Further, it is very important to take fresh water for the dog as well as for yourself when hunting or on an adventure outing. Flooded fields and streams often contain residue from agricultural pesticides and herbicides that definitely should be avoided as a water source for the dog. Ponds can become stagnate hosting contaminates including fungus and algae. Even the high mountain streams on warm days likely contain giardia. The solution is to take fresh after afield for every outing.
A dog’s safety is the next concern. Where will the dog ride on the trip? A destination dog lounging on the back seat of a vehicle unrestrained is a nice and compatible notion but one that could prove traumatic upon impact in a collision. Your canine friend may become a dangerous flying object: a danger to the driver, passengers, and obviously, the dog.
Best options include:
1- Dog trailer (multiple dogs traveling)
2- Dog box (rear of the truck or SUV)
3- Portable kennel (inside the vehicle or secured in the rear of a truck)
4- A seat belt restraint attached to a dog harness.
The crate option offers great flexibility for storage and utilization. When selecting a crate, our most important consideration is impact resistance should an accident occur.
1- Solid, one-piece construction—two-piece crates will break apart on impact
2- Strong door latch construction
3- The insulation factor of the construction materials
4- Attachments to secure the crate to the vehicle to prevent movement
When choosing crate size, think about where the crate will be placed in the vehicle, RV, or private aircraft when traveling. The rear of an open pick-up truck presents no problem if the crate is securely anchored and lockable. When the kennel must fit under a small pickup camper shell, in the RV, rear seat of a vehicle, or the back of an SUV, size matters. Make sure to make appropriate measurements before the purchase.
Next, consider the size of the dog. The crate dimensions should allow ample room for the dog to sit up, turn around, and lie down with reasonable extension of the body and legs. It is undesirable to have a crate that is too large or too spacious. In the unfortunate event of a vehicle accident, the appropriately sized kennel affords protection; too large and the animal may be slammed about inside the crate’s interior causing injury.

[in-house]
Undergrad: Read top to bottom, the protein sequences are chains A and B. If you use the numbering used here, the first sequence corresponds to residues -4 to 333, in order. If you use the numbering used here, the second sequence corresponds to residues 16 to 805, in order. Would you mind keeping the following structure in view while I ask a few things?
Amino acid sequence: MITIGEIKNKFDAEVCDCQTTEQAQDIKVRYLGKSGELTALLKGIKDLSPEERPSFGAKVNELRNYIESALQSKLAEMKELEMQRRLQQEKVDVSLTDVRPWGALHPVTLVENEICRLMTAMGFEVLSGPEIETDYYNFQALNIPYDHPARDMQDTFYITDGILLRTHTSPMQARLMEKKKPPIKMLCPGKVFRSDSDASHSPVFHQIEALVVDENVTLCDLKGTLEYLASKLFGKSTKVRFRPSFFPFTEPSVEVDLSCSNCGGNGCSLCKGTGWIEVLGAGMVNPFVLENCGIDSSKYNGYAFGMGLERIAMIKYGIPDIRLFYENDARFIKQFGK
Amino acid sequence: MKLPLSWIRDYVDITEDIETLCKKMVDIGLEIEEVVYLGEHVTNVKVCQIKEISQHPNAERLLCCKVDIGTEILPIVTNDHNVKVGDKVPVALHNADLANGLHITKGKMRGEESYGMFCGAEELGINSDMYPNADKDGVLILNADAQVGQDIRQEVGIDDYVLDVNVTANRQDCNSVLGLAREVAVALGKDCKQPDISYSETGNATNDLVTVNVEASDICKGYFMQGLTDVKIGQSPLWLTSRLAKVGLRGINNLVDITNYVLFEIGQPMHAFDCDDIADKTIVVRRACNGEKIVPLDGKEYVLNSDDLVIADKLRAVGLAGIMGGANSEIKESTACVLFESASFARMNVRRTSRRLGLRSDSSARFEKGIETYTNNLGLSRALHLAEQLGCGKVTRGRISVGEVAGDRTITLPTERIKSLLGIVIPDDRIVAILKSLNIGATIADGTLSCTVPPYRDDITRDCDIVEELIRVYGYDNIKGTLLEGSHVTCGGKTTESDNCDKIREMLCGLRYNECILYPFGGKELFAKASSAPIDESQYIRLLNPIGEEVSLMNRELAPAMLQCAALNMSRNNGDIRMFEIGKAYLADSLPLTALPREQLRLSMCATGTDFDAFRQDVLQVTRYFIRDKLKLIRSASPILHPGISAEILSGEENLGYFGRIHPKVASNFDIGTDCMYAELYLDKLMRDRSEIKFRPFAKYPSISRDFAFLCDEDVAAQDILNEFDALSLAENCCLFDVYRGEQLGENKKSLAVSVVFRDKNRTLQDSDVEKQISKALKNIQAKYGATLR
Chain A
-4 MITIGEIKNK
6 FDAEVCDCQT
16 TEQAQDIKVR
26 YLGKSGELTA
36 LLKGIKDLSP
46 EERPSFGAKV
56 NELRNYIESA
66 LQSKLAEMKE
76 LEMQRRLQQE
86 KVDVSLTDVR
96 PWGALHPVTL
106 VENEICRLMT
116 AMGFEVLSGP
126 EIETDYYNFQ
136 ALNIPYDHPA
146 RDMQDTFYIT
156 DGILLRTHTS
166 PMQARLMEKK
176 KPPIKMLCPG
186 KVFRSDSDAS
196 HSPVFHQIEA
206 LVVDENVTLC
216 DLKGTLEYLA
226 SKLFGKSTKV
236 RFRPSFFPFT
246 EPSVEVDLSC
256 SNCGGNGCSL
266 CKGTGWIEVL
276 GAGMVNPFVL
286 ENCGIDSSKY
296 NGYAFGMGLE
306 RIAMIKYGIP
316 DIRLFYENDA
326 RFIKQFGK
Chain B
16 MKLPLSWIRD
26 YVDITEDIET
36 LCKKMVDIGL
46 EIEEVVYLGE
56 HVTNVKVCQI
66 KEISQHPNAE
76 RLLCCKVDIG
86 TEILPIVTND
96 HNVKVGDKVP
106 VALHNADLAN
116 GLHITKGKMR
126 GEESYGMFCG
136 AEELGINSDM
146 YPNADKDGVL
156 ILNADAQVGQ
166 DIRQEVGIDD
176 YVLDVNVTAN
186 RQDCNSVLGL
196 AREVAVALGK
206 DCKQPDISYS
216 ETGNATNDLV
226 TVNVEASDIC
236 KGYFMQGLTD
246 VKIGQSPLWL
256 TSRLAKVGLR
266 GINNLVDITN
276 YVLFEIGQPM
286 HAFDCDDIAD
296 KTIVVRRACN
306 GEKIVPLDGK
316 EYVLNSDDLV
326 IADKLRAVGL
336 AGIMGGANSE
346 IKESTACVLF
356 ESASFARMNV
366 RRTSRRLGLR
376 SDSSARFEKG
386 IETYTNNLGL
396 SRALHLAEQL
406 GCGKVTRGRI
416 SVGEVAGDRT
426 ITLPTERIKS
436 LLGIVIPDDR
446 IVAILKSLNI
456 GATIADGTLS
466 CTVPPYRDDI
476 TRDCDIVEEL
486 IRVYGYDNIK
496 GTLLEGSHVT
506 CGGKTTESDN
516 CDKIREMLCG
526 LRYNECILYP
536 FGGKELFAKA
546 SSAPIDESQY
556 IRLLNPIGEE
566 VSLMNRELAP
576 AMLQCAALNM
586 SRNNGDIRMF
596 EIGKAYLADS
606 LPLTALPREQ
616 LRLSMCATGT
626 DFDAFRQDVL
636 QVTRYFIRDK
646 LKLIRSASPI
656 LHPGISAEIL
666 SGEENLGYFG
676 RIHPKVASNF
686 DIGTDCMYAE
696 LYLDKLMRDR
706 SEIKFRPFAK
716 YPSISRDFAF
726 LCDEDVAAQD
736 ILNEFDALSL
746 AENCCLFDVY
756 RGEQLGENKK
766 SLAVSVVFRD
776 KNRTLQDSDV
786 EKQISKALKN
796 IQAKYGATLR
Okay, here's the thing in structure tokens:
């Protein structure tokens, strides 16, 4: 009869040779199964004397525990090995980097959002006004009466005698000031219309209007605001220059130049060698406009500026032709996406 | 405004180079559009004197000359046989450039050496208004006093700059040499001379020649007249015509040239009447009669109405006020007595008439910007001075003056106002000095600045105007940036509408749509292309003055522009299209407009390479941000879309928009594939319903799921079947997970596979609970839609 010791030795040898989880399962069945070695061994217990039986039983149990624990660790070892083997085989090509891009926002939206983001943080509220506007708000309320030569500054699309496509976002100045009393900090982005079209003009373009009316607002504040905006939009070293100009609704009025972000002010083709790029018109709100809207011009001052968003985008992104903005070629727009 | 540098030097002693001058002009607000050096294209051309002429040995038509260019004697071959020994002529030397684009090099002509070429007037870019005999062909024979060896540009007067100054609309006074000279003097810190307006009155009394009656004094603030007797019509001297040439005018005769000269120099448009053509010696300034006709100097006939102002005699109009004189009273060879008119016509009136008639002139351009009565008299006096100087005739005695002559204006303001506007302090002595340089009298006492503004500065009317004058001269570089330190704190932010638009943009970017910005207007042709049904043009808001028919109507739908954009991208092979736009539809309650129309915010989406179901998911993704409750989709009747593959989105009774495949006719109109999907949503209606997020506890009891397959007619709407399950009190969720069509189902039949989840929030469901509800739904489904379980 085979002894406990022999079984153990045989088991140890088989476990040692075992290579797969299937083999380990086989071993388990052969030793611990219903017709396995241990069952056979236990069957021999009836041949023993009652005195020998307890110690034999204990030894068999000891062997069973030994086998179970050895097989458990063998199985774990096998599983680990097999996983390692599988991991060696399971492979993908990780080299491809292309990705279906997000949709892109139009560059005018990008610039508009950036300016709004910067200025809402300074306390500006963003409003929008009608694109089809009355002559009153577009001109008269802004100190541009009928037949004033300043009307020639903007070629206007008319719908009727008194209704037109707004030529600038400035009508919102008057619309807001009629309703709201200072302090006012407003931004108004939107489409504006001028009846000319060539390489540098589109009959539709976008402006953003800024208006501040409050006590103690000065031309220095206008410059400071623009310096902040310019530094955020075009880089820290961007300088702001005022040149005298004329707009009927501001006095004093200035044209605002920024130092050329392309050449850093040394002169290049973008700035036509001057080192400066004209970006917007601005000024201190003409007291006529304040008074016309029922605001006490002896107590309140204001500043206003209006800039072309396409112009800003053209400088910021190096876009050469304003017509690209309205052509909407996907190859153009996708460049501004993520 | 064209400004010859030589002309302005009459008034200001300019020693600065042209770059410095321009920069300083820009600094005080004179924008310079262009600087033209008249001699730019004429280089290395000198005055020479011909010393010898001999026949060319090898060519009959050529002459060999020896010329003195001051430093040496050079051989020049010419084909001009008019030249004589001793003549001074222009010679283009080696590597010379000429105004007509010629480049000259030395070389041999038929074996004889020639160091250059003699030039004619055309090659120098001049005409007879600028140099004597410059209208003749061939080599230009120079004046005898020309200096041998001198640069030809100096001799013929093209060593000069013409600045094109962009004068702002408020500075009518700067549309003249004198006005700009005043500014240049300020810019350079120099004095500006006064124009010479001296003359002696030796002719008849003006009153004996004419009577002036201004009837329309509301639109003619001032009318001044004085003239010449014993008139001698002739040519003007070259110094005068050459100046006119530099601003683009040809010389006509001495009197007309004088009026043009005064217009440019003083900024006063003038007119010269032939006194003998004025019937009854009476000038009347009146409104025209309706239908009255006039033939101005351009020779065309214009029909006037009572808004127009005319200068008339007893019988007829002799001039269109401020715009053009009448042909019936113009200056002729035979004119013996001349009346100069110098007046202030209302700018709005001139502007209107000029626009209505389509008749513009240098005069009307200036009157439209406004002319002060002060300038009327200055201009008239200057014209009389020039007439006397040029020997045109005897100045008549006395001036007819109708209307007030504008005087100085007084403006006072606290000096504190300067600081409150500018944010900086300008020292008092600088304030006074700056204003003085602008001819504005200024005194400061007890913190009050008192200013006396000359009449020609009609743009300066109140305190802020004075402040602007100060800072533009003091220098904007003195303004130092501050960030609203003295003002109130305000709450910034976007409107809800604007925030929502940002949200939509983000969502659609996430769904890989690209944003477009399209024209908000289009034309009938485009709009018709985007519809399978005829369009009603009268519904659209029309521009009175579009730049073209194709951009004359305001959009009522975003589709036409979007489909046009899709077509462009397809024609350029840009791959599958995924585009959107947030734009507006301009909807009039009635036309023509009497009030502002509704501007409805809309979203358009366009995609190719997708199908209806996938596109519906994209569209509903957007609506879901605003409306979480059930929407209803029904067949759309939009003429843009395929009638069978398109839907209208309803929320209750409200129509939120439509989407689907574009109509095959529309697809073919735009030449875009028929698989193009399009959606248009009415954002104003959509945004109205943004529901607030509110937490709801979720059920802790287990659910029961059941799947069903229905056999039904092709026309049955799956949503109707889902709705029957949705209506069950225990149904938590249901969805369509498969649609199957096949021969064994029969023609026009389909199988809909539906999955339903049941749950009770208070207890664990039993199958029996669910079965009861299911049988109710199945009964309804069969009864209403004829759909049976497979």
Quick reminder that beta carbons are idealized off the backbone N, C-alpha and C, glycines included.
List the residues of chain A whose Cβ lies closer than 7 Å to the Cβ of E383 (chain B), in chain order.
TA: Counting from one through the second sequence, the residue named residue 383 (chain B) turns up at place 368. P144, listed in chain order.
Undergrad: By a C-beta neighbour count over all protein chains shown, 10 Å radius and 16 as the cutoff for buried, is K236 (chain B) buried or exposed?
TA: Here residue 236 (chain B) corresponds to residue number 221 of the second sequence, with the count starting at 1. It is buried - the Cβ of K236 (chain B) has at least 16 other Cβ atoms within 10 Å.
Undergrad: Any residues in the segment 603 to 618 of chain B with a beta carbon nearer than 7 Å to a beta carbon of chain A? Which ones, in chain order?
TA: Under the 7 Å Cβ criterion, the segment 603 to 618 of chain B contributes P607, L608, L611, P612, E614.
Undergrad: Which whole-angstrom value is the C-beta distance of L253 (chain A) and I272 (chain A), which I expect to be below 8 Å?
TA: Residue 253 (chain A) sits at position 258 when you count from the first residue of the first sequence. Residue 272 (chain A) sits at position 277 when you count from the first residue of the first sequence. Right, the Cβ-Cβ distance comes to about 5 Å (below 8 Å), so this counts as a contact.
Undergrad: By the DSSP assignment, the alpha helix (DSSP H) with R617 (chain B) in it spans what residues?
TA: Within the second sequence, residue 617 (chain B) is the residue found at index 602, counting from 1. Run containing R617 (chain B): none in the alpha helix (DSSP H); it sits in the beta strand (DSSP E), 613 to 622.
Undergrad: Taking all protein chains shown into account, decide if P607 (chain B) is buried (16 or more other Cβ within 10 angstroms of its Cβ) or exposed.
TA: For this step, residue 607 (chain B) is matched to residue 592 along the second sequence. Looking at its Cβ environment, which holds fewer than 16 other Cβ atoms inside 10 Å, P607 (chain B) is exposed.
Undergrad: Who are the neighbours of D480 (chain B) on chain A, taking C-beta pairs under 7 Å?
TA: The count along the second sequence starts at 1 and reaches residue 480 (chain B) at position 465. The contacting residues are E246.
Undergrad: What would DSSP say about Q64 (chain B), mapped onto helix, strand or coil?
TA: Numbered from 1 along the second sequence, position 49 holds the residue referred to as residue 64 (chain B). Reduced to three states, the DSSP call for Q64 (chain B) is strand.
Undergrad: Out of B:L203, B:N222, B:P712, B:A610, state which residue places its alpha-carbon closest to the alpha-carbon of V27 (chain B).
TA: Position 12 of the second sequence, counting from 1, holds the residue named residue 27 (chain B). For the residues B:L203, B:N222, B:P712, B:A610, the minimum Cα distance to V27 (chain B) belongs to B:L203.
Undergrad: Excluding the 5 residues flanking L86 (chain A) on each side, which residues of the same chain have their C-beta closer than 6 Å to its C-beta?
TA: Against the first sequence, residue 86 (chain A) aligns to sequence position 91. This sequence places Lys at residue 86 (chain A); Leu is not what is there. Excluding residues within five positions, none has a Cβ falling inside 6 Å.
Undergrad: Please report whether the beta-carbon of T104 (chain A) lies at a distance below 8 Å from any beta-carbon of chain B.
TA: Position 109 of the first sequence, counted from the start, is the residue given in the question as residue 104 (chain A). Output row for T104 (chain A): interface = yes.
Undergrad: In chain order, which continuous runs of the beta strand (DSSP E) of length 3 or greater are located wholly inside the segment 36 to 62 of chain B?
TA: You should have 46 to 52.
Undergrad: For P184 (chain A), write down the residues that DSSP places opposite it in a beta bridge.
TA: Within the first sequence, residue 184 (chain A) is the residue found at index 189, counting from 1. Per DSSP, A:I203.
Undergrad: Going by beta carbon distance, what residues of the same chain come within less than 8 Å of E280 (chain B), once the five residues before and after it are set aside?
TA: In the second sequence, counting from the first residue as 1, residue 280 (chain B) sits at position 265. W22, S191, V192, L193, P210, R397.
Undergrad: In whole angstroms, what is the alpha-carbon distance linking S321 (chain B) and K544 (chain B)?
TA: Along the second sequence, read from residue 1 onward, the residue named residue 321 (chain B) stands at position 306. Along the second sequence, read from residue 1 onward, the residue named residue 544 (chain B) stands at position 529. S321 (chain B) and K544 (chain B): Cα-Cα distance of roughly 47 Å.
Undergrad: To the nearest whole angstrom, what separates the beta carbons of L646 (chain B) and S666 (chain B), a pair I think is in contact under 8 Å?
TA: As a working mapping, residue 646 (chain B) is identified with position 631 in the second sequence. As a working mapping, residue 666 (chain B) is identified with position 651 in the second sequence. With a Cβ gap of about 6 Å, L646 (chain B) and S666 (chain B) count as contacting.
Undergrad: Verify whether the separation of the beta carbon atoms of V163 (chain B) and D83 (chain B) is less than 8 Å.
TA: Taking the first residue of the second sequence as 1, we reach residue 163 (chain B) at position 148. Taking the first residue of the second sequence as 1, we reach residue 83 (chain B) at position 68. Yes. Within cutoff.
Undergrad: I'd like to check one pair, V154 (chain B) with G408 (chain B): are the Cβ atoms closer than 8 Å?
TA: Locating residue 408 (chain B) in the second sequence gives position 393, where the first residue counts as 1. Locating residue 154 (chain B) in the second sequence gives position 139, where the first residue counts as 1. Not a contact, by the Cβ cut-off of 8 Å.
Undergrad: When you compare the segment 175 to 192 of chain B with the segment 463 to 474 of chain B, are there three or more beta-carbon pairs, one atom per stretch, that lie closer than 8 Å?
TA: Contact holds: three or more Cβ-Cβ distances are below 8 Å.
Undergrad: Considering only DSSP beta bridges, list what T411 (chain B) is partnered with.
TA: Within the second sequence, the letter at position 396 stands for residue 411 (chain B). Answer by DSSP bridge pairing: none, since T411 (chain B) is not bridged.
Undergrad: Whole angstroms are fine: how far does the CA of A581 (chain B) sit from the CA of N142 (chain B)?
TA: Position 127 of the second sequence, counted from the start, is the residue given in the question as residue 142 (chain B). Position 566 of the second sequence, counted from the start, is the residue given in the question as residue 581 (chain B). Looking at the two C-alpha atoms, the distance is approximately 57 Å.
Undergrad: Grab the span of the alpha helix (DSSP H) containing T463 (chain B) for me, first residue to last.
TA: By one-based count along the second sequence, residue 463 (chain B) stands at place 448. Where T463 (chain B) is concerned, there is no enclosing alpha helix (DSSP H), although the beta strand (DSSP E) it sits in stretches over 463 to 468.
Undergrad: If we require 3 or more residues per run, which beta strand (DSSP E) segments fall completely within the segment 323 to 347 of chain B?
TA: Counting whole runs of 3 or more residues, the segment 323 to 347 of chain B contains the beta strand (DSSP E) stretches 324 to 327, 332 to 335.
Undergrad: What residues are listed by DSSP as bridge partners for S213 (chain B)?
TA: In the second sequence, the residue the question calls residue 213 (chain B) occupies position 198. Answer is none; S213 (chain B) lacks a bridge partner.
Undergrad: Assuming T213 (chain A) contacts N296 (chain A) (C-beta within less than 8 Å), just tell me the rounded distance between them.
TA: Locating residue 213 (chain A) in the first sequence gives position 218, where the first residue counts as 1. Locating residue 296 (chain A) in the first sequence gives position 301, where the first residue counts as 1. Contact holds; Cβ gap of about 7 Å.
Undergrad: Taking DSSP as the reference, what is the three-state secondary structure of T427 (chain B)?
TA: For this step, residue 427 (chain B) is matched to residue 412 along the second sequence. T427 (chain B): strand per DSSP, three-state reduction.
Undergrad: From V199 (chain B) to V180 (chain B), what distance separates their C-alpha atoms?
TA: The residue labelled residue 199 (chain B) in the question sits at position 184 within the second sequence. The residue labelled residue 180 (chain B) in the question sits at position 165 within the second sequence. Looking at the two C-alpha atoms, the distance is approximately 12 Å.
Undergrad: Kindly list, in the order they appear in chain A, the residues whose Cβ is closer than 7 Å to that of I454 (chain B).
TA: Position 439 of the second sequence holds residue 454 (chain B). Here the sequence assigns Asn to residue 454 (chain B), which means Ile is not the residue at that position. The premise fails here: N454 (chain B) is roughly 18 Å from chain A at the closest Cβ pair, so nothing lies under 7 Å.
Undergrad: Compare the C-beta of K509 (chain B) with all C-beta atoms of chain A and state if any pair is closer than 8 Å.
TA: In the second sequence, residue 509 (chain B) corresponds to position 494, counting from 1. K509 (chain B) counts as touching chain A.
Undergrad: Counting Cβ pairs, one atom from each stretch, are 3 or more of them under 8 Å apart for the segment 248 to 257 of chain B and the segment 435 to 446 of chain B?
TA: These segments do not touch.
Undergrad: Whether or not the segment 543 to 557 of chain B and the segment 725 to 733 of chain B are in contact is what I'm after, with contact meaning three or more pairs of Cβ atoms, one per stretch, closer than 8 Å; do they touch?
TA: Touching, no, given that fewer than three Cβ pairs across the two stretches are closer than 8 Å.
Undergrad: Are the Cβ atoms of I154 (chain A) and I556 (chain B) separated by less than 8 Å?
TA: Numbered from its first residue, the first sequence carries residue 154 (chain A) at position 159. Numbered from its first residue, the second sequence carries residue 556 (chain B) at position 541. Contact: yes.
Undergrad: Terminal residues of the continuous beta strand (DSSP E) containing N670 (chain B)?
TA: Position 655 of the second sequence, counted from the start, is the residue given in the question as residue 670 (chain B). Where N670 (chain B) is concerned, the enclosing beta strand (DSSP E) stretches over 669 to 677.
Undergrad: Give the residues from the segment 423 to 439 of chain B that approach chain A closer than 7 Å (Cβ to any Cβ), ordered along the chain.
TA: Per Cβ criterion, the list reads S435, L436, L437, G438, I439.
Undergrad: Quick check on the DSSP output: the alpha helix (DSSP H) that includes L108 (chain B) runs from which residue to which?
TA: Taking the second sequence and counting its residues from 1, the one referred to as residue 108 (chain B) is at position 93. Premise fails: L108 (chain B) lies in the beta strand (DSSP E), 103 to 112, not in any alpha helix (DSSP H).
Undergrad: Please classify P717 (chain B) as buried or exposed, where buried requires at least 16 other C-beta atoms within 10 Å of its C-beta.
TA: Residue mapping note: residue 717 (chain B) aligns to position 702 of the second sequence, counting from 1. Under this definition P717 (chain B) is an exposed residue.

Insulated crate covers offer protection from wind, rain, and snow when exposed to weather. Select waterproof covers that have heavy, durable zippers and handles to allow the crate to be secured.
For extended travel, a soft crate pad inside the crate is a good idea to absorb some of the road shock. In summer, fans are available that can be plugged directly into the vehicle’s power source or are battery operated that attach to the crate door. This is a great option for those who have their dog inside an enclosed vehicle, rear of an SUV, pickup camper shell, or RV.
A dog should never be left unattended in a closed vehicle or RV in hot weather. Heat stroke is a deadly issue in warm weather. The outside temperature of 85 degrees can result in an enclosed vehicle’s temperature rising to 104 degrees in 10 minutes and 119 degrees in 30 minutes! Do not trust leaving the vehicle running with the air conditioner on. The vehicle’s engines can overheat causing the AC to fail, or the motor simply stops resulting in a quick disaster.
Canines conditioned from puppyhood to adopt their crates as a place of safety and relaxation love their kennels. It becomes their cave of security. Never use a crate as a means of punishment, and avoid allowing anything to occur that would make the pup/dog uncomfortable or fearful of a crate. It’s a happy place.
Wildrose Kennels Sporting Dog Prelaunch Checklist:
Go prepared. Other important preparations for the Destination Dog that may prove beneficial:
1- The dog’s “place” mat to be used when outside the portable kennel or trailer
3- Brightly colored collar with the contact information and rabies information should the dog become lost
4- The dog is microchipped for permanent identification
5- K-9 first aid kit
6- A copy of the dog’s most current vaccination records
7- Food and water bowls
8- Tie-out cable, stake and flat collar
9- A listing of veterinary contacts along your route and at the final destination
10- “Poop bags.” Be a responsible owner. Clean up after your destination dog
11- Insect, flea, and tick repellent (seasonal)
12- Canine shampoo and towel for a necessary field bath
To all destination wingshooters and adventurers, may you have safe journeys as you live your passion.
For more information, uklabs.com.